Gremillion said the paleo diet is scientifically based and a healthy way to eat. But it is not somehow more natural than other diets.
"It's not unnatural for humans to eat cereals and grains, despite what some people may claim. Humans started agriculture because it was difficult to get enough food through hunting and gathering. Cereal grains provided a stable source of calories," she said.
Cereal grains can't be the sole basis of a diet, but they can be part of healthy meals, she said.
While the paleo diet does have a scientific basis, Gremillion said the raw food diet does not. This diet emphasizes getting most calories from uncooked, unprocessed foods.
"There is not really anything to be gained by eating only raw foods. We have been cooking food for hundreds of thousands of years," she said.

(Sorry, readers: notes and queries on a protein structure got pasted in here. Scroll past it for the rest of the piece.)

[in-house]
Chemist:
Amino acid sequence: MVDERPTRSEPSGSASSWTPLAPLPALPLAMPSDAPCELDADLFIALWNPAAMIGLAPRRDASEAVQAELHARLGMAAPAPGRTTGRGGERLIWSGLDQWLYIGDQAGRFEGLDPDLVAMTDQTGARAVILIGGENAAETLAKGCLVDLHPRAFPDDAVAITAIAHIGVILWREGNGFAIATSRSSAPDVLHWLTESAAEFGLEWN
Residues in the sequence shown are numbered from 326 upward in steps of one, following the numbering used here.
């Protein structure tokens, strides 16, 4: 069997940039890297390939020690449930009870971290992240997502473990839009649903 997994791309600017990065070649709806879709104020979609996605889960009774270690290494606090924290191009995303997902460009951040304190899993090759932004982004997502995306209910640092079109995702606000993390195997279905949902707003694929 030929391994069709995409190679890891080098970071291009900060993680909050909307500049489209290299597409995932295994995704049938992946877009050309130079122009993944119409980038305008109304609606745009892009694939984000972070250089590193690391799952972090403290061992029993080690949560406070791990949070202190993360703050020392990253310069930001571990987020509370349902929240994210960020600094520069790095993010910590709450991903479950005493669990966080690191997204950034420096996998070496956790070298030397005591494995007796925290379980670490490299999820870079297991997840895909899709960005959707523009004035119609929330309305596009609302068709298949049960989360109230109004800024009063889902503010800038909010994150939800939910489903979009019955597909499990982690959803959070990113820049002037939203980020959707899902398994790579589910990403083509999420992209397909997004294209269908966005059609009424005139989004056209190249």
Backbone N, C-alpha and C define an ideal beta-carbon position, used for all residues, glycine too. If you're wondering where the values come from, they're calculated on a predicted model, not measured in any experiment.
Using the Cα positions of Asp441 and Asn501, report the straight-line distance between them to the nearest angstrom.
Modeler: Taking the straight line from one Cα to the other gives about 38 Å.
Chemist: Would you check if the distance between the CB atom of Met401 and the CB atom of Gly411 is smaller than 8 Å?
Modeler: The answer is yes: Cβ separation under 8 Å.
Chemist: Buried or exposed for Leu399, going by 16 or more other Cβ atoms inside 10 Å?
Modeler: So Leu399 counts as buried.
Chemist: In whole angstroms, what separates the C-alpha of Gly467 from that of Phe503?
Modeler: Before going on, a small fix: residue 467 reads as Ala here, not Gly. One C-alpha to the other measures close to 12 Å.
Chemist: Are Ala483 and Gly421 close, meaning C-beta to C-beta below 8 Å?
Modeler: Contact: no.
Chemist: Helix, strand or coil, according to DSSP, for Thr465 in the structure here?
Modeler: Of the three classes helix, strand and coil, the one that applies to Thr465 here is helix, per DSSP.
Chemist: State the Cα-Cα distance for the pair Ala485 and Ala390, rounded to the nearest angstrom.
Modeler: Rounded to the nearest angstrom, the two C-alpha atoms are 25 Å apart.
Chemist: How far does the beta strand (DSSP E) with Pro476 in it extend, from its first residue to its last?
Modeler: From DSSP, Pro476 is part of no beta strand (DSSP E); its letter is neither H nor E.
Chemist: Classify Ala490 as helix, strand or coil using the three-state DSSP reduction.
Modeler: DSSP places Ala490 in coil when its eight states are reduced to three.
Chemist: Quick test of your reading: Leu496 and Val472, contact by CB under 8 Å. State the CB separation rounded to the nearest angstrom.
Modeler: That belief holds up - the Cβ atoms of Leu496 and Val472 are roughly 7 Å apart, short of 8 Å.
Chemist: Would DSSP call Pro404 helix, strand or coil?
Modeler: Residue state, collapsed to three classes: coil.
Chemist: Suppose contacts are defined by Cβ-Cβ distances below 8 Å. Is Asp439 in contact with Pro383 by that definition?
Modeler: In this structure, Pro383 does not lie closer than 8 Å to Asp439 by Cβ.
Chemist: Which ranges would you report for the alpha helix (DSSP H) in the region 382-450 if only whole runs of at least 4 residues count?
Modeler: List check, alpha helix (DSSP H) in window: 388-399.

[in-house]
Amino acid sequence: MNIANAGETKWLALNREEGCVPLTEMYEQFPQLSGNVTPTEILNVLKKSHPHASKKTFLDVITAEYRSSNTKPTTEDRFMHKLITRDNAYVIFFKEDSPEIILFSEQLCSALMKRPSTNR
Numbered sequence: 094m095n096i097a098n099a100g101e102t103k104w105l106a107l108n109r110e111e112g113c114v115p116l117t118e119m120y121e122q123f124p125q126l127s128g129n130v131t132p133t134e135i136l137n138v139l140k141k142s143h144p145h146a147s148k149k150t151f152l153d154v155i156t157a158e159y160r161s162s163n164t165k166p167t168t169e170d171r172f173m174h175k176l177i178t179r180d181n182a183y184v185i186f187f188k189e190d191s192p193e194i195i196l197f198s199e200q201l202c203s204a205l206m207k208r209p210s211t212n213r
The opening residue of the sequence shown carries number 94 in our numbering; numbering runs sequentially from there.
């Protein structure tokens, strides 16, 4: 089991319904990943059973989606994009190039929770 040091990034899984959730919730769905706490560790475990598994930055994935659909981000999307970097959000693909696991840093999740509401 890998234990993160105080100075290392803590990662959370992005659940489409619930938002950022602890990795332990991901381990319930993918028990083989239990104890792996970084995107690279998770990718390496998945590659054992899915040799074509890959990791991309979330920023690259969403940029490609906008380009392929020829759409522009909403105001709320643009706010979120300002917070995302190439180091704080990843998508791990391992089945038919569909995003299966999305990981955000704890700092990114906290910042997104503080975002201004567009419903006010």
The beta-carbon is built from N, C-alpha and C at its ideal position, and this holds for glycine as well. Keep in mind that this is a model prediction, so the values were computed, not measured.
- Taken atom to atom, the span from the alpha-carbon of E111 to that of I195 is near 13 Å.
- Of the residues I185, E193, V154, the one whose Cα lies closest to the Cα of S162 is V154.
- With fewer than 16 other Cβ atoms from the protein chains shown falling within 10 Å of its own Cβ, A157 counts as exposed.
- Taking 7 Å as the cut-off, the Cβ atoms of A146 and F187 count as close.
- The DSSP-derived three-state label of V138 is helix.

While cooking does remove some nutrients from foods, it also breaks down the compounds in foods to make some nutrients easier for our bodies to extract. In addition, it is much easier on our teeth and jaws than tearing and crushing hard and fibrous foods.
"Cooking caught on for a reason, and there is no real reason to give it up."
The concern for returning to a more natural state often involves not only what we eat, but how and where we grow foods and domesticate animals.
Much of Gremillion's own research involves the origins of agriculture in eastern North America, and how the early peoples in North America interacted with the environment.
"There's been a tendency in American culture to think the pristine wilderness is somehow totally separate from people. But it is a misconception that the landscapes we want to bring back were untouched by people," she said.
Humans have been managing the environment in North America from the moment they stepped foot on the continent, she said. One of the earliest ways Native Americans managed the environment was thr
|Contact: Kristen Gremillion|
Ohio State University